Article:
FAQs About Our Commercial Maintenance Projects

Nick Higgins |   May 10, 2016 at 10:15 AM


We recently caught up with Danny Pope, State Operations Manager for Higgins Coatings, Brisbane, to chat with him about what he has found to be best practice for commercial maintenance suppliers when working on living units in retirement village complexes.

So, Danny, first tell us a bit more about what you do?

As State Operations Manager, I oversee building service and maintenance operations for the Higgins branches in and around Brisbane. I am responsible for keeping my finger on the pulse of anything related to cost, to keep projects on budget and troubleshoot any problems that may arise.

Why is it so important for Higgins to polish their approach when working in retirement village complexes?

Retirement village managers and stakeholders generally have their own in-house strategy sessions, in which all things related to the retirement village are discussed. This can be from medical supplies to gardening issues. At Higgins Coating, we know that our projects need to be spot on every time because bad news travels really fast. We always need to put our best foot forward and be protective of our brand.

Describe the ideal approach to use when doing commercial maintenance work on aged care facilities

Aged care residences are generally divided into high care, medium care and low care living spaces. For elderly residents living in low care, independent living units (ILUs), their units are their entire world. Each time we visit a site to do maintenance work, we are well aware that we need to be mindful of even the tiny aspects of these living spaces. We are careful not to damage property, flowerbeds, or give residents any reason to be worried.

When we work on ILUs, we generally work on a block of living units at a time. The number of units we work on depends on the configuration of the retirement village and the size of each unit. We give residents a three-to-four-day notification period before starting any project. For this, we pop a notice into their post boxes or under their doors. We generally find, though, that what works best is face-to-face interactions with residents to ‘massage’ our way through the process. Relationship building is really key when working with the elderly.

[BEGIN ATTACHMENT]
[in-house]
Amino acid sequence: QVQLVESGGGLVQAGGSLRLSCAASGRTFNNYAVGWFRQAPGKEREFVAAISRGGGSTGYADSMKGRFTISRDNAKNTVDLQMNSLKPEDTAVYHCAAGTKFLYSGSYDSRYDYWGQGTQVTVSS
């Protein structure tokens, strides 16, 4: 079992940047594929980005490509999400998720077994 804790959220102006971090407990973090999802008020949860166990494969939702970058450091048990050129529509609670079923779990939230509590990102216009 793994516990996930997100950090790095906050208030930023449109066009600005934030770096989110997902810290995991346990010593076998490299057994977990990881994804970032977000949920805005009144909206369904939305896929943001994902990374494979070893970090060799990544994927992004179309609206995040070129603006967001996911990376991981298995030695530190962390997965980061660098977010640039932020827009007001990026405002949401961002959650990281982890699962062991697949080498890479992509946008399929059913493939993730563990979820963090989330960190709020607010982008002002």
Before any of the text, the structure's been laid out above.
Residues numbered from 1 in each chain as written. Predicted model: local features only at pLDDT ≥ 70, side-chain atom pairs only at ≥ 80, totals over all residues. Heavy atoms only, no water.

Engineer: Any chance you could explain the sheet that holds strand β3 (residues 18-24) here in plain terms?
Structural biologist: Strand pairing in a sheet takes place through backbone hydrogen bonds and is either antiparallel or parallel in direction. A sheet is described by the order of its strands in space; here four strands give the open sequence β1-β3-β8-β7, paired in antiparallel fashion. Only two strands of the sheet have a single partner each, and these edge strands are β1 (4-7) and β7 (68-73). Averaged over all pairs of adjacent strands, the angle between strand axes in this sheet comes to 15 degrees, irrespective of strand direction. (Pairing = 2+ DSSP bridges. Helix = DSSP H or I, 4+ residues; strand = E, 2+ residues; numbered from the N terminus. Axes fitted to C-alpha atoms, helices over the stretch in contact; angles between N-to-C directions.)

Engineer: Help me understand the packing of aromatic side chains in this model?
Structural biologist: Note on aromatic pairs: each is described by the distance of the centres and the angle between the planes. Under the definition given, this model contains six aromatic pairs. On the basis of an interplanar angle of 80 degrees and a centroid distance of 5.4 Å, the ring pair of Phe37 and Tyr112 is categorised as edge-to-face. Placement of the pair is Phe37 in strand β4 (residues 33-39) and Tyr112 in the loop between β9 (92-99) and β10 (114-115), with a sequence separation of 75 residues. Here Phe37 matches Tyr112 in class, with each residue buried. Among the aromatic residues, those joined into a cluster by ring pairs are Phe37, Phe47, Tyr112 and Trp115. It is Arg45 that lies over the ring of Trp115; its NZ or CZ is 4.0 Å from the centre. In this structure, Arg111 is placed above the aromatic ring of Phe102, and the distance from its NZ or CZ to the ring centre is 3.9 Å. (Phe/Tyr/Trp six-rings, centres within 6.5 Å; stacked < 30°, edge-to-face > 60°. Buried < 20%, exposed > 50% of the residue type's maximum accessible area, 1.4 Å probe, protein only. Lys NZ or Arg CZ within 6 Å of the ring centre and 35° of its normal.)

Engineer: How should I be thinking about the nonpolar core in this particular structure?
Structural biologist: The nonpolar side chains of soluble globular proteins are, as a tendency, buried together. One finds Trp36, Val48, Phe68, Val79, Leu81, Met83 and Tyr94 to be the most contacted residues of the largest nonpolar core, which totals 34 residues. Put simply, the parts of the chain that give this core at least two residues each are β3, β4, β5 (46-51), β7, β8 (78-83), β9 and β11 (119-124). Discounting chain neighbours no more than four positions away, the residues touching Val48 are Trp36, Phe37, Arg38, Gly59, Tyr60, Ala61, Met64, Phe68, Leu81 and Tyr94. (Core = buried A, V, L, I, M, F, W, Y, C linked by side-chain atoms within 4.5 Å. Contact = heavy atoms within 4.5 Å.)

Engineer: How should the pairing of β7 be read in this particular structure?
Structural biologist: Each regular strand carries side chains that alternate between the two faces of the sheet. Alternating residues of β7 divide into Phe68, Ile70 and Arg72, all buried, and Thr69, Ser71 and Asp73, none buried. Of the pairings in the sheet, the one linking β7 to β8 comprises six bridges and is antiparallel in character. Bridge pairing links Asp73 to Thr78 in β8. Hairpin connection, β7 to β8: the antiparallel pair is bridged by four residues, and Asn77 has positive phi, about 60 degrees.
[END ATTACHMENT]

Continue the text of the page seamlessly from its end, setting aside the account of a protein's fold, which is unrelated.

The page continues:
Do you have an initial contact session with residents to explain your process to them?

Once the sales team has the commercial maintenance project secured, we then pay the retirement village a visit for a start-up meeting with some of the elderly residents. At each village, you’ll generally find a core cluster of residents who are likely to raise the biggest objections and have the most questions about the project. We find that if we discuss any issues with them upfront and face-to-face, it’s far easier for us to win them over. Things generally run more smoothly from there on out.

What are the biggest questions asked at these start-up meetings?

  1. Paint colour
    Elderly residents first want to know what colours are to be used on their units. We normally take a sample board of the selected colours with us to the initial meeting. This colour board is a series of brush outs painted onto an A4 piece of cardboard provided by our painting supplier. The sample board shows residents where each colour will be painted (colour A for roofs, colour B for lattices, colour C for front doors etc.). We leave this colour board at the village, in a communal area, so that everyone can have chance to familiarise themselves with the colour selections.
  1. How long will it take?
    Here we explain the process – that we paint one block of units at a time, and the timeframe of the project will depend on the size and configuration of the ILUs.
  1. How much notice will we get?
    Dates for completion of projects are weather-dependant. If work is pushed out, we let residents know through the reissuing of notices in post boxes. We reassure residents that they will be kept in the loop about any delays and deadline extensions, so that they can plan their lives accordingly.

What are the key things that you tell new employees when they start working on commercial painting projects in retirement villages?

It’s always the little things that count. Top tips for new employees include:

  • Being careful where they park their car. They should avoid parking bays allocated to living units;
  • Only using designated lavatories, which are either stipulated by building managers, or provided by Higgins;
  • Being sure to look neat and tidy at all times;

We also remind new employees to smile and greet residents whenever they see them to alleviate any fears or insecurities that residents may have about the ‘strangers’ on their property. It only takes one bad experience to sour a village’s perceptions of a company as a whole. On the flipside, I have visited a retirement village once and had residents asking me about one of our employees by name. He must have made a great impression!

Our last piece of advice to new hires is that, if they move anything, they should be sure to put it back exactly the way they found it and in the exact condition that they found it, as elderly residents are quite sensitive about their property.

As a population group, senior citizens are incredibly vulnerable. Painting companies doing maintenance work in retirement living spaces need to remember this, and their staff need to behave accordingly.